By Gavin Jenkins, Senior Managing Editor
As the 24th National Work Zone Awareness Week (NWZAW) draws to a close, the road and bridge construction industry pays tribute to those who have died with a moment of silence.
A national campaign of this magnitude takes a lot of work. Each year, the American Traffic Safety Services Association (ATSSA), the Federal Highway Administration (FHWA), and the American Association of State Highway and Transportation Officials (AASHTO) join forces to plan how they are going to raise awareness, get more people involved, and try to save lives.
And less than a month ago, as they were putting the final touches on planning this week’s campaign, the industry suffered one of its most shocking losses to date.
On Wednesday, March 22, six construction workers were killed along Interstate-695 in Baltimore County, Maryland, after Lisa Adrienna Lea, 54, lost control of her car.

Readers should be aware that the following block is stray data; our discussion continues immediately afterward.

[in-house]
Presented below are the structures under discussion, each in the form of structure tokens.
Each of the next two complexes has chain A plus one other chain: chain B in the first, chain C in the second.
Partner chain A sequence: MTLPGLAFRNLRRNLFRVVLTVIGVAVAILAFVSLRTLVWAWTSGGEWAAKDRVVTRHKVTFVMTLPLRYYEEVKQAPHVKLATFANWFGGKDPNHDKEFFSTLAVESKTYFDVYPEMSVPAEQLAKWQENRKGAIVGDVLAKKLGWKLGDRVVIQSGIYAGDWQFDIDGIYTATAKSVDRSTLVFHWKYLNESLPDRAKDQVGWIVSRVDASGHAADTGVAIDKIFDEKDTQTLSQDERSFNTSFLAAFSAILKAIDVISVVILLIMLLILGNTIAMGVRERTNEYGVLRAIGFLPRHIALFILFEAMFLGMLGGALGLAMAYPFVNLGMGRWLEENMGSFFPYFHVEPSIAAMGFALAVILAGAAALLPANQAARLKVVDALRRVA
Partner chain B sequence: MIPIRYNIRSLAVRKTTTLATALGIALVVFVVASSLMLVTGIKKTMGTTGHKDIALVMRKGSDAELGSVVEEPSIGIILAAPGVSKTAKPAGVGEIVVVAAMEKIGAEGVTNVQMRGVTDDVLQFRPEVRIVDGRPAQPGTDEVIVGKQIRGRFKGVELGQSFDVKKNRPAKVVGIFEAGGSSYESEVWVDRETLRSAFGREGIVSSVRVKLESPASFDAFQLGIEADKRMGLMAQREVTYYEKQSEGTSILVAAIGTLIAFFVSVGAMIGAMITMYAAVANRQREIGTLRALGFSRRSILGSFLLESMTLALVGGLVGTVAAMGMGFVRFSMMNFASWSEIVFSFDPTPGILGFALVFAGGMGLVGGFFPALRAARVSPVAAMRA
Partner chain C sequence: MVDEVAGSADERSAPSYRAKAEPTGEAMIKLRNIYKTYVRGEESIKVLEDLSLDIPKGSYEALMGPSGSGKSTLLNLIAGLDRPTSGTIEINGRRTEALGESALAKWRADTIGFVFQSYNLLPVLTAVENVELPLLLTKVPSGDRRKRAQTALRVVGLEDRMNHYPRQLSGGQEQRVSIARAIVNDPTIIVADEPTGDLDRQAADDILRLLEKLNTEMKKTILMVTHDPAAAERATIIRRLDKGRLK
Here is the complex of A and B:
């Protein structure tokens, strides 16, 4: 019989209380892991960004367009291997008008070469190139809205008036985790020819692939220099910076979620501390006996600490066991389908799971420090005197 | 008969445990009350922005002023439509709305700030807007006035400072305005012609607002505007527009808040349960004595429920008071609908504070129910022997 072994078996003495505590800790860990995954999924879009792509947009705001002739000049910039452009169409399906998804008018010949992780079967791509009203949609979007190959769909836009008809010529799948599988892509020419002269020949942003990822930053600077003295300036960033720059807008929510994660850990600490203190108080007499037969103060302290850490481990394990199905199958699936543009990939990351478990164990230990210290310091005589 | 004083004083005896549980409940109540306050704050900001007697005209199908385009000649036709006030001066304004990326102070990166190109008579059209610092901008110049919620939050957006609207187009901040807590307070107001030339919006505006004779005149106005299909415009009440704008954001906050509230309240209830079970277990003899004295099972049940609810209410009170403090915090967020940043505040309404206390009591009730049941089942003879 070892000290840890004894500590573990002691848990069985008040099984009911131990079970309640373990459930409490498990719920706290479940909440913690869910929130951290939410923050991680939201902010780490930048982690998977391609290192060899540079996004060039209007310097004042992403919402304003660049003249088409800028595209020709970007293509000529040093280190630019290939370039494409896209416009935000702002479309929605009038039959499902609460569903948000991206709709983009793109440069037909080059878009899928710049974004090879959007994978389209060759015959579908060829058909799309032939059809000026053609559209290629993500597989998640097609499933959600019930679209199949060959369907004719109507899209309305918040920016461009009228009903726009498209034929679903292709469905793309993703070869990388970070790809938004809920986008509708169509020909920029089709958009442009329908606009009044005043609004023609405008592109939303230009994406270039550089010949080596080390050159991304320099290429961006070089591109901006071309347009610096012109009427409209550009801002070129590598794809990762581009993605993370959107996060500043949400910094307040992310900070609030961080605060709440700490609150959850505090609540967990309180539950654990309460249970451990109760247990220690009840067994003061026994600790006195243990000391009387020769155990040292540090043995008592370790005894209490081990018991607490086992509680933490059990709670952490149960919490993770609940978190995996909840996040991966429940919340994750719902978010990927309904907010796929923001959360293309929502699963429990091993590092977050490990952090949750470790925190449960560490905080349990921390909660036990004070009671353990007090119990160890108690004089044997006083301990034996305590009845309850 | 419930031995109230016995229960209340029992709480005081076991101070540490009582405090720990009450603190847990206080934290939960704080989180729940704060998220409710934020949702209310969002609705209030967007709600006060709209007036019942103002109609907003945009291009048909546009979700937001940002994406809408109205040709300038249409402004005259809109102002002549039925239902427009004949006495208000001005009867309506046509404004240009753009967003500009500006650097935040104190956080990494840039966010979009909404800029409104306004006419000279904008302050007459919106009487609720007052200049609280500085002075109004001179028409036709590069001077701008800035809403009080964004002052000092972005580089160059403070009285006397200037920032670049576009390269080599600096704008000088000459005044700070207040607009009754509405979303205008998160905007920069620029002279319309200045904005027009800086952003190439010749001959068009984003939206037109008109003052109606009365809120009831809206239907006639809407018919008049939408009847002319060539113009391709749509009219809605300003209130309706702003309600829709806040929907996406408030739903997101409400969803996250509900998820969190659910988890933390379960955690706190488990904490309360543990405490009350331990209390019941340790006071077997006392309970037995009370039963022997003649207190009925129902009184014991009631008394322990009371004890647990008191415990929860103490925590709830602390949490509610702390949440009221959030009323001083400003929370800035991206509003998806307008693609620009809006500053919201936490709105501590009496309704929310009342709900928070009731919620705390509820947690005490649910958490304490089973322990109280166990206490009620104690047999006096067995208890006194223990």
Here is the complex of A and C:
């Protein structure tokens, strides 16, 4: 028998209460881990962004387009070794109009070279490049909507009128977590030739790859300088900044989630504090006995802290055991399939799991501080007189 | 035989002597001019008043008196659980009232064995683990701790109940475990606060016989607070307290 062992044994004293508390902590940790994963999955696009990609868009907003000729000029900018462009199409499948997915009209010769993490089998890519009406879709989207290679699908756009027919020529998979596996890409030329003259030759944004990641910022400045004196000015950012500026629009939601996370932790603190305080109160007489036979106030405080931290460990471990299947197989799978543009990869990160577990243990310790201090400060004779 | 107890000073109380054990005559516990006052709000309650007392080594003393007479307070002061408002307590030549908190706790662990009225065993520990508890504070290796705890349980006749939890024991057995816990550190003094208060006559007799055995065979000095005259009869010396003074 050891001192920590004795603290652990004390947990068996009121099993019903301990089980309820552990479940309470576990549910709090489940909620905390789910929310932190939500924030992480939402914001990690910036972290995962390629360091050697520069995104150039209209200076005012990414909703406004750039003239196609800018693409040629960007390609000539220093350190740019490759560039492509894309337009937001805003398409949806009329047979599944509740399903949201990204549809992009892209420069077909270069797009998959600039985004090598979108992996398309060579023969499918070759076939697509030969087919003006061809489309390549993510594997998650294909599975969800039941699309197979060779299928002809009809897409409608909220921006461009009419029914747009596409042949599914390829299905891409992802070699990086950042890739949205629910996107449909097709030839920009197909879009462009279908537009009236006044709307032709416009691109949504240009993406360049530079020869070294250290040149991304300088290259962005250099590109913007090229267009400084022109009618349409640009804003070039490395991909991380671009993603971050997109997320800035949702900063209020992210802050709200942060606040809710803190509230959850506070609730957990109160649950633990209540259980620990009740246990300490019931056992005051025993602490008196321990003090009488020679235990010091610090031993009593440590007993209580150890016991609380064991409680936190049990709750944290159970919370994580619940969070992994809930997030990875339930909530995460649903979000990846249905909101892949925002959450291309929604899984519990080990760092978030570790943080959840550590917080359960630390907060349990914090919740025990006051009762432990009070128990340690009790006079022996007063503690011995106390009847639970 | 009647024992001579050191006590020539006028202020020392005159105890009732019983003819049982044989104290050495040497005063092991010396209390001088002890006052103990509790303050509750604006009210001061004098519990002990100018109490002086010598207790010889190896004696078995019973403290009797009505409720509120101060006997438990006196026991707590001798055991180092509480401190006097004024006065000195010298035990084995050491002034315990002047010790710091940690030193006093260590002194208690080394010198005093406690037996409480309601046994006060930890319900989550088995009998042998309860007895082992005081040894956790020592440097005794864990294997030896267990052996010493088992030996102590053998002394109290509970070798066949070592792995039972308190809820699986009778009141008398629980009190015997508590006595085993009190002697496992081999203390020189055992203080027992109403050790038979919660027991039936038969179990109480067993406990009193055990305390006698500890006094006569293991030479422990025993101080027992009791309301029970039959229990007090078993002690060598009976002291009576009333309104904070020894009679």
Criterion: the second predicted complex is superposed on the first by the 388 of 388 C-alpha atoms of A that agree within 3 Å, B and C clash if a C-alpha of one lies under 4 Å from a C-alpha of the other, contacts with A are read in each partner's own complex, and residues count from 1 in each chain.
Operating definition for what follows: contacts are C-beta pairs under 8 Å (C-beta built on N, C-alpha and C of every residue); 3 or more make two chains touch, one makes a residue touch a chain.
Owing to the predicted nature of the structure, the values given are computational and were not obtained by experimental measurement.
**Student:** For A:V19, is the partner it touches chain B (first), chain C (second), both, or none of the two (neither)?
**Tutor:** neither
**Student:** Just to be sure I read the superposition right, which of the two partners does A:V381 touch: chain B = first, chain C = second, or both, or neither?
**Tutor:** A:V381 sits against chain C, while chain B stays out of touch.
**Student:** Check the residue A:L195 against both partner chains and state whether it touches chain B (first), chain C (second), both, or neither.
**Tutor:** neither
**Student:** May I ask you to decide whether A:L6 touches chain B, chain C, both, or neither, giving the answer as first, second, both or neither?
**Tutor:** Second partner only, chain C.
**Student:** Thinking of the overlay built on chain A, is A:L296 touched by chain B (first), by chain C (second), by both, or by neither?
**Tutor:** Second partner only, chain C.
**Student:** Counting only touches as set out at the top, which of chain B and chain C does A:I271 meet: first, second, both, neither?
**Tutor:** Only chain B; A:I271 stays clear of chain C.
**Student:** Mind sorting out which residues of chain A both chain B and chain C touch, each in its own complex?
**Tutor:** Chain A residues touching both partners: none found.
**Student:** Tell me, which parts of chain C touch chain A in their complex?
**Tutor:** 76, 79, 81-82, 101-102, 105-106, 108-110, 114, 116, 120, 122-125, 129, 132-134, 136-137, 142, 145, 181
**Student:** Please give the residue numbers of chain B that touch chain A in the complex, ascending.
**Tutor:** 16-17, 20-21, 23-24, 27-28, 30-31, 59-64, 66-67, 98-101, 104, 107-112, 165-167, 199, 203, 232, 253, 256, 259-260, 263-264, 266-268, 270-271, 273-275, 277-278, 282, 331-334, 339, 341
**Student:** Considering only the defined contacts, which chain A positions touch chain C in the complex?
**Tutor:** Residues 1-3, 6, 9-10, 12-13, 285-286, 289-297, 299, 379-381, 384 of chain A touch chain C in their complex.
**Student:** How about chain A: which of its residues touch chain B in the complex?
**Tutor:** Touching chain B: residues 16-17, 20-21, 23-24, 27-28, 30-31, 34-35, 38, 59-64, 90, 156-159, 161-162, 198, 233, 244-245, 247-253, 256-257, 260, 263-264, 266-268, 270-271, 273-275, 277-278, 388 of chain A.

Lea, who was driving an Acura, struck a Volkswagen while trying to change lanes. The crash caused her to lose control, according to reports, and she veered into a highway work zone, between the temporary jersey walls.
Police issued a statement the next day naming the six workers killed: Rolando Ruiz, 46; brothers Carlos Orlando Villatoro Escobar, 43, and Jose Armando Escobar, 52; Mahlon Simmons III, 31; Mahlon Simmons II, 52; and Sybil Lee Dimaggio, 46. The Simmons were a father and son.
That there were six victims and two sets of relatives made the accident national news, and there has been an outpouring of condolences inside and outside the industry.
“All of our thoughts go out to all of those families whose loved ones aren’t coming home,” said Stacy Tetschner, president and CEO of ATSSA.
Tetschner said that this crash made his ATSSA team pause.
“A crash like that takes the wind out of what you’re doing,” he said. “We’re gearing up [for National Work Zone Awareness Week], and we have this great message. And then that happened, and it made us all stop and think. In addition to saying ‘Not again.’ We’re also saying, ‘Not again at that magnitude.’”
Tetschner added that the most disheartening part of the crash in Maryland is that he knows it could have been avoided.
The NWZAW moment of silence began last year, and its purpose is to encourage companies and families to come together for reflection to honor the people who lost their lives in a work zone incident. R&B